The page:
Here the legs are crossed and the arms outstretched. The umbilical cord is short and thick at this stage, but will lengthen as the baby grows, and become much thinner with many coils.
You’ve reached the end of the first trimester and in this time your baby has developed from a ball of cells to an active fetus.
Your amazing baby can do so many things already, including being able to open her mouth and yawn, and swallow. Swallowing develops earlier than sucking. Your baby will be starting to swallow amniotic fluid but the more complex sucking movements cannot be identified until 18–20 weeks. Swallowing will encourage gut development. The amniotic fluid enters into the stomach not the lungs, which are protected now by the vocal cords and the higher pressure of the lung’s own fluid. The amniotic fluid will later be excreted as urine when the fetal kidneys start to function.
After the stomach, the amniotic fluid will enter the small bowel. The intestinal walls are developing muscular layers but these do not yet contract in a co-ordinated way to move the fluid along the digestive tract. It will be 20 weeks before the structural organization of the gut is finally complete. Many digestive enzymes are starting to be released into the gut but these currently act as a stimulus to development rather than for the absorption of nutrients.
Your baby is reliant on a steady stream of glucose, which is stored as glycogen in the liver. This continues throughout pregnancy and at birth your baby will, for her size, have significantly larger glycogen stores than adults do. The correct level of glucose in the mother is controlled by insulin secreted by the pancreas. The placenta, however, has little control over the amount it takes from your bloodstream and passes on. For this reason if your glucose level is very high, for example in poorly controlled diabetes, the baby will have high levels of glucose. To maintain a normal glucose level she will secrete insulin, but this will lead to increased fat deposition and weight gain.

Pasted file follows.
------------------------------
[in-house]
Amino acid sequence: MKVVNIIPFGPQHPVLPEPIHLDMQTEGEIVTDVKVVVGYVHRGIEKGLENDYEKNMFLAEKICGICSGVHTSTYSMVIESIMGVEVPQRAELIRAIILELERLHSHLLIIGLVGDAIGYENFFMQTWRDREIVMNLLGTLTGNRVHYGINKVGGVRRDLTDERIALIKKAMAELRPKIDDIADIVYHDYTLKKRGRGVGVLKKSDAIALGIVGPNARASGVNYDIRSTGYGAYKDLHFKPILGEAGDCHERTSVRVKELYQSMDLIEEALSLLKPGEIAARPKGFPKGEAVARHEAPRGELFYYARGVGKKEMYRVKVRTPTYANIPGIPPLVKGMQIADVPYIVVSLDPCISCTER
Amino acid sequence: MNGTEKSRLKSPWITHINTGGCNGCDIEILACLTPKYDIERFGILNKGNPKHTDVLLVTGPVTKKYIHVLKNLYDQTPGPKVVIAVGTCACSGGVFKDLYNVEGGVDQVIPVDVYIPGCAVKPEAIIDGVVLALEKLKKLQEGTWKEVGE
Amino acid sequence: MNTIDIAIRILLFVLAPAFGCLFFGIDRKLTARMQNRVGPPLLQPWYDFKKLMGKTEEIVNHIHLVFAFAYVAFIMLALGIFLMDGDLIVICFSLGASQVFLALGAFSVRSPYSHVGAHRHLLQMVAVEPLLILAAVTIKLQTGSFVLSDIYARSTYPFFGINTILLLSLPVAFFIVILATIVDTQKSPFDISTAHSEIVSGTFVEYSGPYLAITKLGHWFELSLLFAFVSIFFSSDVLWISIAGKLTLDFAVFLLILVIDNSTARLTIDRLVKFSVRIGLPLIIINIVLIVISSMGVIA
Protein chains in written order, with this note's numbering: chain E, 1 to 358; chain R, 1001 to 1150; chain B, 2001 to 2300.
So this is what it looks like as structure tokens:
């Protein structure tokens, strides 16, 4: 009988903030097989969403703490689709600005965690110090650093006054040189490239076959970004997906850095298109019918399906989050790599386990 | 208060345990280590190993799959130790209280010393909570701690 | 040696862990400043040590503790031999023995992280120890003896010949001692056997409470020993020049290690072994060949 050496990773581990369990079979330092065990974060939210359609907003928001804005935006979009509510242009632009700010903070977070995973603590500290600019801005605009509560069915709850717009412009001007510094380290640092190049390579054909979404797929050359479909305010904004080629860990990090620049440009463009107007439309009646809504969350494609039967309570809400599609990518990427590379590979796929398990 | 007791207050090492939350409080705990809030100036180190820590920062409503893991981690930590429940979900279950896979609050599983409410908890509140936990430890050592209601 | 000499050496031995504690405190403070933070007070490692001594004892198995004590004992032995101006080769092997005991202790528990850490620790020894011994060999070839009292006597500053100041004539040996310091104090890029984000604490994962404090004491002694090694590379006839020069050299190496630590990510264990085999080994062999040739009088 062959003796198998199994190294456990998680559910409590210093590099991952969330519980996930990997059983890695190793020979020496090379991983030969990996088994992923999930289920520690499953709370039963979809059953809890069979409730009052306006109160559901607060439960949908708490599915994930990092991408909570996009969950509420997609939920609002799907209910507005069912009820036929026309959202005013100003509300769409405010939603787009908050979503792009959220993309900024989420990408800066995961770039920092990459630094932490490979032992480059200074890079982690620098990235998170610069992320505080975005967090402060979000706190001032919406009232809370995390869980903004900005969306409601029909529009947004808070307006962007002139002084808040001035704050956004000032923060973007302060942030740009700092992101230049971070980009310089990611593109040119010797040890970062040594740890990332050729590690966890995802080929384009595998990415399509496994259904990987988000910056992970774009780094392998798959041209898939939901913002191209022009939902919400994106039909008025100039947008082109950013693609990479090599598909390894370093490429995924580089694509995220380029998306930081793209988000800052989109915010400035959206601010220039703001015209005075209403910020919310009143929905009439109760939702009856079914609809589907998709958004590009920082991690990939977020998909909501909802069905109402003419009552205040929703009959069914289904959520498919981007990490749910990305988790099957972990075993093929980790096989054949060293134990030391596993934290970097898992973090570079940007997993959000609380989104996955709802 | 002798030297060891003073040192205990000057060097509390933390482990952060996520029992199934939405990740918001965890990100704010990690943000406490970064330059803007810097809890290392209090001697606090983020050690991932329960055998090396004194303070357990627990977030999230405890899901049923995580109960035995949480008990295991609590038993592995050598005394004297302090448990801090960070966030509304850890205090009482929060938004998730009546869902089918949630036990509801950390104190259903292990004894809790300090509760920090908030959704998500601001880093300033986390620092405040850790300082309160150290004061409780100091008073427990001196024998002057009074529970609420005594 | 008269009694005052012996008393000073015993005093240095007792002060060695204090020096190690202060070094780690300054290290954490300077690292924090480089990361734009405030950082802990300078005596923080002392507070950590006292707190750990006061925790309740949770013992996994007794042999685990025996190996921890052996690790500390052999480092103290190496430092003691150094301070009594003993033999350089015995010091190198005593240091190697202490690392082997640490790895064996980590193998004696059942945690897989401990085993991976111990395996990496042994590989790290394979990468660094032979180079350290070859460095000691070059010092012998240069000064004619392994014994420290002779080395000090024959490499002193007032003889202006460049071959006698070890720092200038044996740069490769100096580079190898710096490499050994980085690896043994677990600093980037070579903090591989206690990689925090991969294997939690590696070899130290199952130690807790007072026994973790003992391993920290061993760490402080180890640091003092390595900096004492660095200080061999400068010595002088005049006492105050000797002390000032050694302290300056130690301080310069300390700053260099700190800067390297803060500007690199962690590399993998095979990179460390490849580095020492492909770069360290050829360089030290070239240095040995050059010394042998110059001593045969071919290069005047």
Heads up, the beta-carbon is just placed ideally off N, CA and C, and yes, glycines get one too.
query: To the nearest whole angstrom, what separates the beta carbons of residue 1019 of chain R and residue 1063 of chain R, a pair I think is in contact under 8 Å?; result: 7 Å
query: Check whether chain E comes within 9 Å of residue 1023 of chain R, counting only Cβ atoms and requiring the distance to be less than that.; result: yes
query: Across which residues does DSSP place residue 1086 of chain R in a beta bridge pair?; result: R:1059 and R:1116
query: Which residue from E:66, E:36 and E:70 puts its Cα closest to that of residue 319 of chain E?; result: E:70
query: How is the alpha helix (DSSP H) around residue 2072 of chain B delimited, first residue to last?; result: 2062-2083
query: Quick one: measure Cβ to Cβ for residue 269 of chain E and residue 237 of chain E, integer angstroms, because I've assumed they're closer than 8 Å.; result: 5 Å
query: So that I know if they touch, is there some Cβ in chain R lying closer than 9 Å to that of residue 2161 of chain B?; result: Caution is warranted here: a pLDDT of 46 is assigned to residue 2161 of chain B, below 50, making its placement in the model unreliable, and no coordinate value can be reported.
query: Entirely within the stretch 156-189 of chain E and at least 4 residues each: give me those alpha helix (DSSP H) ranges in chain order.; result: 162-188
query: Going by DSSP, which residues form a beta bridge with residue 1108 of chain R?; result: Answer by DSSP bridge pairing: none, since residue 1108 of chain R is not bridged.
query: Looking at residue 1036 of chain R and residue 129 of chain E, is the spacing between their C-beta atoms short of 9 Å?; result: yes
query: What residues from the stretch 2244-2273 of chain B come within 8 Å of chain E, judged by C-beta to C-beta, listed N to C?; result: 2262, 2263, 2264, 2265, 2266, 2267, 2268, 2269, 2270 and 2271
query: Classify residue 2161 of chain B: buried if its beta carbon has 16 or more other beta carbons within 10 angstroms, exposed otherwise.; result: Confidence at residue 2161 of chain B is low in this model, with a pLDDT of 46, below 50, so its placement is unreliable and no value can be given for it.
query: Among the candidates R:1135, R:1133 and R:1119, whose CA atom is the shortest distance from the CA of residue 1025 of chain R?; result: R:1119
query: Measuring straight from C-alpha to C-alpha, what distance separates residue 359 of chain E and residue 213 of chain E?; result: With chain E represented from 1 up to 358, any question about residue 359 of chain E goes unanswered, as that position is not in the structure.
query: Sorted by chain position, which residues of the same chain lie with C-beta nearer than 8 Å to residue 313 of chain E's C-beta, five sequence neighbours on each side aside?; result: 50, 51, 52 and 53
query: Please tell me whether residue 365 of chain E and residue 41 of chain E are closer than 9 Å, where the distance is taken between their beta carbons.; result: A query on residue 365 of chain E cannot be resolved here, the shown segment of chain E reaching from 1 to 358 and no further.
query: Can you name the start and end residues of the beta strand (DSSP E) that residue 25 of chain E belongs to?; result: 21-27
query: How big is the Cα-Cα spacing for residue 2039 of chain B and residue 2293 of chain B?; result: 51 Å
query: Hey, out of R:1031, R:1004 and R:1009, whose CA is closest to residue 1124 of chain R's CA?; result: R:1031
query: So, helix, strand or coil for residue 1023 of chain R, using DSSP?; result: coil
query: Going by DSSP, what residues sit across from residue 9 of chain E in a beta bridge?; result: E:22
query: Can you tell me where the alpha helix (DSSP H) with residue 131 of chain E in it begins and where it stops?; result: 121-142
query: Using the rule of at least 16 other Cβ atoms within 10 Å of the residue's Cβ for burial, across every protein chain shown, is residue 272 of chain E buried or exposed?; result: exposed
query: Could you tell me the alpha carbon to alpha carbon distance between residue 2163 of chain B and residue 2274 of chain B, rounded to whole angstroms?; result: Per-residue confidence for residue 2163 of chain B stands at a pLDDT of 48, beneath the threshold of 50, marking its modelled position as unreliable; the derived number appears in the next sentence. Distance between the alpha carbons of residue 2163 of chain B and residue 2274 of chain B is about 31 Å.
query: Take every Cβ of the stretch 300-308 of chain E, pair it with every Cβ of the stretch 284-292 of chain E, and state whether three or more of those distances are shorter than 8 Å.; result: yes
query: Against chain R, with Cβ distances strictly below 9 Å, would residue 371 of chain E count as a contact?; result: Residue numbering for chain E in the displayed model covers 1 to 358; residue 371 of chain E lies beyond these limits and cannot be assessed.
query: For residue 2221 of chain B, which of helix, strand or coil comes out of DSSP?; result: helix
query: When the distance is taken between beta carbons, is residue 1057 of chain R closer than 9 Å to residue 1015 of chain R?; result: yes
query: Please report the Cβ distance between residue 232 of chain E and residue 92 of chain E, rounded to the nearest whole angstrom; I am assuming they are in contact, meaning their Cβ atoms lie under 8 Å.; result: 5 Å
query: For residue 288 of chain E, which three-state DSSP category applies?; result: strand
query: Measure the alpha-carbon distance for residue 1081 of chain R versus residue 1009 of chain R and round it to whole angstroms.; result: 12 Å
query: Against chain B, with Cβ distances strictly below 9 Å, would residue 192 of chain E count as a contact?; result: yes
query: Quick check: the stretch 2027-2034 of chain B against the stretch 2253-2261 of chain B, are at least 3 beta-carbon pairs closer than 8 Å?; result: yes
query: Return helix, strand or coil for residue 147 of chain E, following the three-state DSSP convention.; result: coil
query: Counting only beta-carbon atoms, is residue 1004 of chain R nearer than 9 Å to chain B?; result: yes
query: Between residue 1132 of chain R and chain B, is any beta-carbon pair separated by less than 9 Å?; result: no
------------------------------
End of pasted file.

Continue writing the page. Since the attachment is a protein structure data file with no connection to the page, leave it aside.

Most women develop a good relationship with their midwife, who can be a fountain of fantastic information, and a wonderful source of comfort and reassurance.
It’s important that you are as honest as you can be with her. Like many women, you may be reluctant to reveal concerns, or to admit to unhealthy habits, for fear of being embarrassed or told off. It’s very likely that your midwife will have heard it all before, and will be able to help and advise – and make a few tried-and-tested suggestions.
At 12 weeks your baby’s crown to rump length is 5.4cm (2.1in).
All your baby’s organs, limbs, and facial features are in place, but her head is still disproportionately large. She can open and close her mouth, and her eyes are developing behind closed lids.
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